Everybody has heard about it. 2015 hop harvest has not been good in some regions. While many of us enjoyed the nice weather during the summer, swimming in the beach or even drinking beer, the German hop fields were having a bad time with it. And being fair, who wants to work when the thermometer reaches 35C and above?

Hop cultivation requires a particular environment. Long light periods during plant growth (up to 18 hrs/day) and temperate weather (sufficient warmth and moisture) are the conditions in which  the hop plants like to grow. Normally, July is the month with the highest precipitation values in Central Europe. This together with the moderate temperature makes countries such as Germany, Slovenia, Czech Republic and Poland privileged for the growth of hops. But something totally different happened this year. This summer has been described as the summer with the most “heat days” on record and it had less precipitation than normal, even surpassing the record year 2003. This combination allows us to describe the 2015 crop as the worst crop for the central European hop industry within decades. At the end of August, the German hop industry association described the crop as significantly below-average in all European hop-growing regions due to the hot and dry conditions in the months of July and August.

In spite of an increase in acreage by 540 ha, the official harvest estimation commission’s forecast is down by 25-40% versus a normal crop in Central Europe. Also, experience shows that poor yields go hand in hand with low resin and oil contents which increase the problem exponentially. Fortunately, the US is expecting a more or less average crop so that at least the supply of US flavour hops should not run into any serious problems. The UK crop is looking good with an increase around 5% versus a normal crop. However, it’s not just supply that’s causing the problem. The huge demand increases that we have seen for aroma hops and continue to see will only make the problem worse. On the plus side, the supply situation in the high alpha segment is far more relaxed.

This year will be the year of creative solutions. Brewers and hop traders should work together to achieve the targeted results. Some recommendations are for example to look into prior year inventories. Good hop traders keep their products under cold conditions (0-5°) and under vacuum or controlled atmosphere to ensure a good quality of the products over the years. The important value here is not the harvest year but the Hop Storage Index (HSI), which indicates the freshness of the hops. The HSI measures the amount of α- and β-acids lost over a period of 6 months at 20C. This value, which aims to estimate the future α-content, depends on the analysed variety, the time of harvesting and the packaging among others. The conditions and moment in which hops are harvested have also an influence on the initial HIS. The combination of these influences develops in that even older hops may have a better HSI than younger hops. This in combination with the hops contracted for crop 2016 may help to bypass the shortage in some varieties.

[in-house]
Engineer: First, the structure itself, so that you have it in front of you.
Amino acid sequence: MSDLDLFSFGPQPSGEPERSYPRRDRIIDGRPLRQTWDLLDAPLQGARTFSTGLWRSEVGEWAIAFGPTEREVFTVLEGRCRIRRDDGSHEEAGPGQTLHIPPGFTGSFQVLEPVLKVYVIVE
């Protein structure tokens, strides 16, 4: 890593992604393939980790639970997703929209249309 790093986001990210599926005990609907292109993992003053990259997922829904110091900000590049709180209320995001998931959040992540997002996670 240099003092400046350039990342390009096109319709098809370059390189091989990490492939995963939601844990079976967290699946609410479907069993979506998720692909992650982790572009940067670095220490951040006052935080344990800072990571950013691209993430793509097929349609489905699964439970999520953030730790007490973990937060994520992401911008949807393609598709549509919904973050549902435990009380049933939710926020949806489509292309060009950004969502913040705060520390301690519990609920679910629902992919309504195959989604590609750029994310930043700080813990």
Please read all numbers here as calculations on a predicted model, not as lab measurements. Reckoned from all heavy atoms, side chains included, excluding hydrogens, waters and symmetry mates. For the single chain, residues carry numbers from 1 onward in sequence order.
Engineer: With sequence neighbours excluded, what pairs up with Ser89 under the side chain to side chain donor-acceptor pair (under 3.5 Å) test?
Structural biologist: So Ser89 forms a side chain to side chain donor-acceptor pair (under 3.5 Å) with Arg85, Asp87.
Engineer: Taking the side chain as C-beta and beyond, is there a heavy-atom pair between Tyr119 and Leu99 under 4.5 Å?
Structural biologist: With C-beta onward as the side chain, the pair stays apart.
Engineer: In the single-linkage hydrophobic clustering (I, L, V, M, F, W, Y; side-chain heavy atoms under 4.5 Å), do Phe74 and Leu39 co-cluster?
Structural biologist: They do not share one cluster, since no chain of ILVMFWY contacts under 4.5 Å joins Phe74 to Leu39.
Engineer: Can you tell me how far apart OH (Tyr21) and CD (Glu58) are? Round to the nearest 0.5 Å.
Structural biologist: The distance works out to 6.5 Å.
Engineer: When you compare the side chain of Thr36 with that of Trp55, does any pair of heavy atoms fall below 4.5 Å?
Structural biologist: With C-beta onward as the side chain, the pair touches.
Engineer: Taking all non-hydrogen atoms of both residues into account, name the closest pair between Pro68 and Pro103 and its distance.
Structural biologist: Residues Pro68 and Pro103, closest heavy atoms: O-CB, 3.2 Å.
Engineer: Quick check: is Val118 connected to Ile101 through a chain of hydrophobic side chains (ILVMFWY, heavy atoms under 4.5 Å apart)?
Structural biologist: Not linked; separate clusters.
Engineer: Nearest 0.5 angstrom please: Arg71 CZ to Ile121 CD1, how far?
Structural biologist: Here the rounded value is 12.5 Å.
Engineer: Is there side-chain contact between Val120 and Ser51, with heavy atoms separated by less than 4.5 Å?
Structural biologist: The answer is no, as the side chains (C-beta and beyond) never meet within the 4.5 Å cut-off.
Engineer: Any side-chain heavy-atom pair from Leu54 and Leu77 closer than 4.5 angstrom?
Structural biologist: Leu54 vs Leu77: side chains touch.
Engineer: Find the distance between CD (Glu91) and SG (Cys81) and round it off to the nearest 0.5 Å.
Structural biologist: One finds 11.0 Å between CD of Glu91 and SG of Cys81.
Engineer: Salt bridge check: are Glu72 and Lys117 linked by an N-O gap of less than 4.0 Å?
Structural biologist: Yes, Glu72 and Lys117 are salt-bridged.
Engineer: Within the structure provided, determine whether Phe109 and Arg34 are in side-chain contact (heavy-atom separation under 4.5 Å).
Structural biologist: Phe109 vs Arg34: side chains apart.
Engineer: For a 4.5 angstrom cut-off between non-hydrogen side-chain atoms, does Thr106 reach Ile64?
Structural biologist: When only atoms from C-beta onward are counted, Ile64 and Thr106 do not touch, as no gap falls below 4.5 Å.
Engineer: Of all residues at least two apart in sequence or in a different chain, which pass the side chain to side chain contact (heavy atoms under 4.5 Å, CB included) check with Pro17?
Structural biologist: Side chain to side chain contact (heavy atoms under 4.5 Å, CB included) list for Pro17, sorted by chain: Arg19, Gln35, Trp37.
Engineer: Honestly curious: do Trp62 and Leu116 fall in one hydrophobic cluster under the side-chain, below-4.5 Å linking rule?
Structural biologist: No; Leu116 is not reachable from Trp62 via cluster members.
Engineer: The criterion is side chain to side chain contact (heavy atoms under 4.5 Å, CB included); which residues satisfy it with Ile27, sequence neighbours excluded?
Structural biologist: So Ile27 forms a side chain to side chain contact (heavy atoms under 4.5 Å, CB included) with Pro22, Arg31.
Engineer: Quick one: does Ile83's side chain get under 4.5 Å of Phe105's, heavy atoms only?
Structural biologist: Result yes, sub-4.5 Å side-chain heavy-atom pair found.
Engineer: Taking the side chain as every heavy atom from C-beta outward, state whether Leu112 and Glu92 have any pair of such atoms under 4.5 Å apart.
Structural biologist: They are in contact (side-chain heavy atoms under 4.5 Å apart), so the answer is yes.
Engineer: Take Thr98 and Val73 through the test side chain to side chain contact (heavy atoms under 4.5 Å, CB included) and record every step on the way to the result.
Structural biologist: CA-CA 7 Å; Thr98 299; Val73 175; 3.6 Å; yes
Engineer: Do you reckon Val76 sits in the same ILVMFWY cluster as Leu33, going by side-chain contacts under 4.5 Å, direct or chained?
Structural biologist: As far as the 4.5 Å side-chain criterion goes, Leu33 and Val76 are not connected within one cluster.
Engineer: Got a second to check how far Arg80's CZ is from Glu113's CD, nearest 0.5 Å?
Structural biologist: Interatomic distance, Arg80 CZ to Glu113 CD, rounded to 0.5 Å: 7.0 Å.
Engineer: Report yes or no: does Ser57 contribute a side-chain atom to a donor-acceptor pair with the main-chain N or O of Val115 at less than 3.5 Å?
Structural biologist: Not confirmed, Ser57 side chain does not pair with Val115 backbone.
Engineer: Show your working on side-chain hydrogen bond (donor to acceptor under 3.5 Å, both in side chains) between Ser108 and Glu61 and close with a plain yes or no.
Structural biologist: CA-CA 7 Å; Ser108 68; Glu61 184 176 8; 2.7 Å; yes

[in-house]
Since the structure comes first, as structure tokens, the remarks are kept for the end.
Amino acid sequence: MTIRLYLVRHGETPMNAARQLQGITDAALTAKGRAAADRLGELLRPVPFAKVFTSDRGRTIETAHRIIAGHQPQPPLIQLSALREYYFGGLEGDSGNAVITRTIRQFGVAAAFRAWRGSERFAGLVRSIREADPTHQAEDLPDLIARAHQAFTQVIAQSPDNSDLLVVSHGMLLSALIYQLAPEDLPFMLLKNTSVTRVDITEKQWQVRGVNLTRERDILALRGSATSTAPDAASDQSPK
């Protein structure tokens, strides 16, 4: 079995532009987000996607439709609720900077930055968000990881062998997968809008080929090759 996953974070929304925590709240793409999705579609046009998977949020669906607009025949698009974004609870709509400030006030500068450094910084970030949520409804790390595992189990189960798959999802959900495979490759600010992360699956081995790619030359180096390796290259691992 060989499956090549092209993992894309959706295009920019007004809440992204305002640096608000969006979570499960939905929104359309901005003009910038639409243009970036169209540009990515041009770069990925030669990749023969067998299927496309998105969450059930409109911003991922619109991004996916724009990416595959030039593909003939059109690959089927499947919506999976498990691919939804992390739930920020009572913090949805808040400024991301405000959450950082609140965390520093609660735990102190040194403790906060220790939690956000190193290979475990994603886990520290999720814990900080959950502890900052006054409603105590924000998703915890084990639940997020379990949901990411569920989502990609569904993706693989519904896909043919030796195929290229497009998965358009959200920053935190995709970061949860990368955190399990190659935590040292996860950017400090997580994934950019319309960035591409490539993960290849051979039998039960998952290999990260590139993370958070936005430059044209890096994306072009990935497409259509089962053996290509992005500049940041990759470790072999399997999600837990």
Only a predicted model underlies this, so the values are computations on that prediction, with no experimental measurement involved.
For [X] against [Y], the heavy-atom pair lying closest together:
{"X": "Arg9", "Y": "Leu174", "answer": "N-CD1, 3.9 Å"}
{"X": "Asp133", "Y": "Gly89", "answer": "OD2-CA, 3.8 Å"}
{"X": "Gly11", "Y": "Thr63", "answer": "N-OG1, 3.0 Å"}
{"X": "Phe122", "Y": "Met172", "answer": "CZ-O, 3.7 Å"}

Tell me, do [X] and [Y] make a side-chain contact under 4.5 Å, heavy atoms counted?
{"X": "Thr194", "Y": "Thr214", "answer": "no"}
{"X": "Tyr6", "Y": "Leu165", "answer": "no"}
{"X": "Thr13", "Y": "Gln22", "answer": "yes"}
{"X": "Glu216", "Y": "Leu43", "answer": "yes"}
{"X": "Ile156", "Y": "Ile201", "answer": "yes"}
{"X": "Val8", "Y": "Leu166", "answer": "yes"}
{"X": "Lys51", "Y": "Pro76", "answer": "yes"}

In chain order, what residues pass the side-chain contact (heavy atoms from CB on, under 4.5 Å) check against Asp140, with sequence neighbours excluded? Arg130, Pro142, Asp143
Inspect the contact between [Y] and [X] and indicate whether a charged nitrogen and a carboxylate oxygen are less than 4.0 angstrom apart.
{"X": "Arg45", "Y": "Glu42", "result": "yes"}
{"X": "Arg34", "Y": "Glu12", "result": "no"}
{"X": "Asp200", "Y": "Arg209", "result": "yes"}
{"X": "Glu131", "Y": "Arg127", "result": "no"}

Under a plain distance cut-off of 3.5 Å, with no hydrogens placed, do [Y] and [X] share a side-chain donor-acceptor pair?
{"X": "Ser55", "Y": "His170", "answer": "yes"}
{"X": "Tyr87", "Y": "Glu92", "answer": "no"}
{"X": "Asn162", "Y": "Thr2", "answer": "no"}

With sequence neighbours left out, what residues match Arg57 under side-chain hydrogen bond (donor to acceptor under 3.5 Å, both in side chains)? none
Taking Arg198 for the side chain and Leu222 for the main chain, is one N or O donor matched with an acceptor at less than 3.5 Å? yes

Of course, those who have worked with and on their recipes and the sensory characteristics of the hop varieties contained in them will be at an advantage and well prepared for the hard circumstances. Looking into new varieties to substitute or to prepare mixtures of different varieties to achieve the desired aroma profile offers a good solution. However, it is important to keep in mind that there is no one to one substitution of any hop variety. We have accumulated a wealth of knowledge in this field in recent years and can assist brewers in finding the optimal solution with the help of brew trials, sensory panels and flavour analyses. Moreover, we have developed some mixtures of hops to achieve a defined aroma perceptions or to simulate a defined hop variety. For example T’n’T® and Fantasia® are 2 composition of hops which provide an explosive passion fruit aroma and taste character and a silky touch of cream and caramel, respectively. Or also our new launch, Yellow Sub, which is a mixture of hops recommended to substitute Amarillo. You can take a look to our website to find more information about it (http://www.barthhaasgroup.com/en/varieties-and-products/creative-products).

Also optimising the recipe by using CO2 extract or bittering products such as IKE, Isohop… may help to save in other products used to give aroma to the beer. Or maybe considering the usage of PHAs or other hop oil products to kick the aroma and flavour of your beer to balance the final desired sensory perception.

Summarising, hop harvest 2015 is thus anything but “business as usual” and will require the willingness of suppliers and brewers to cooperate in the search for the most suitable solution. So do not hesitate to contact us if you have any questions…

…because the magic doesn’t happen in your comfort zone.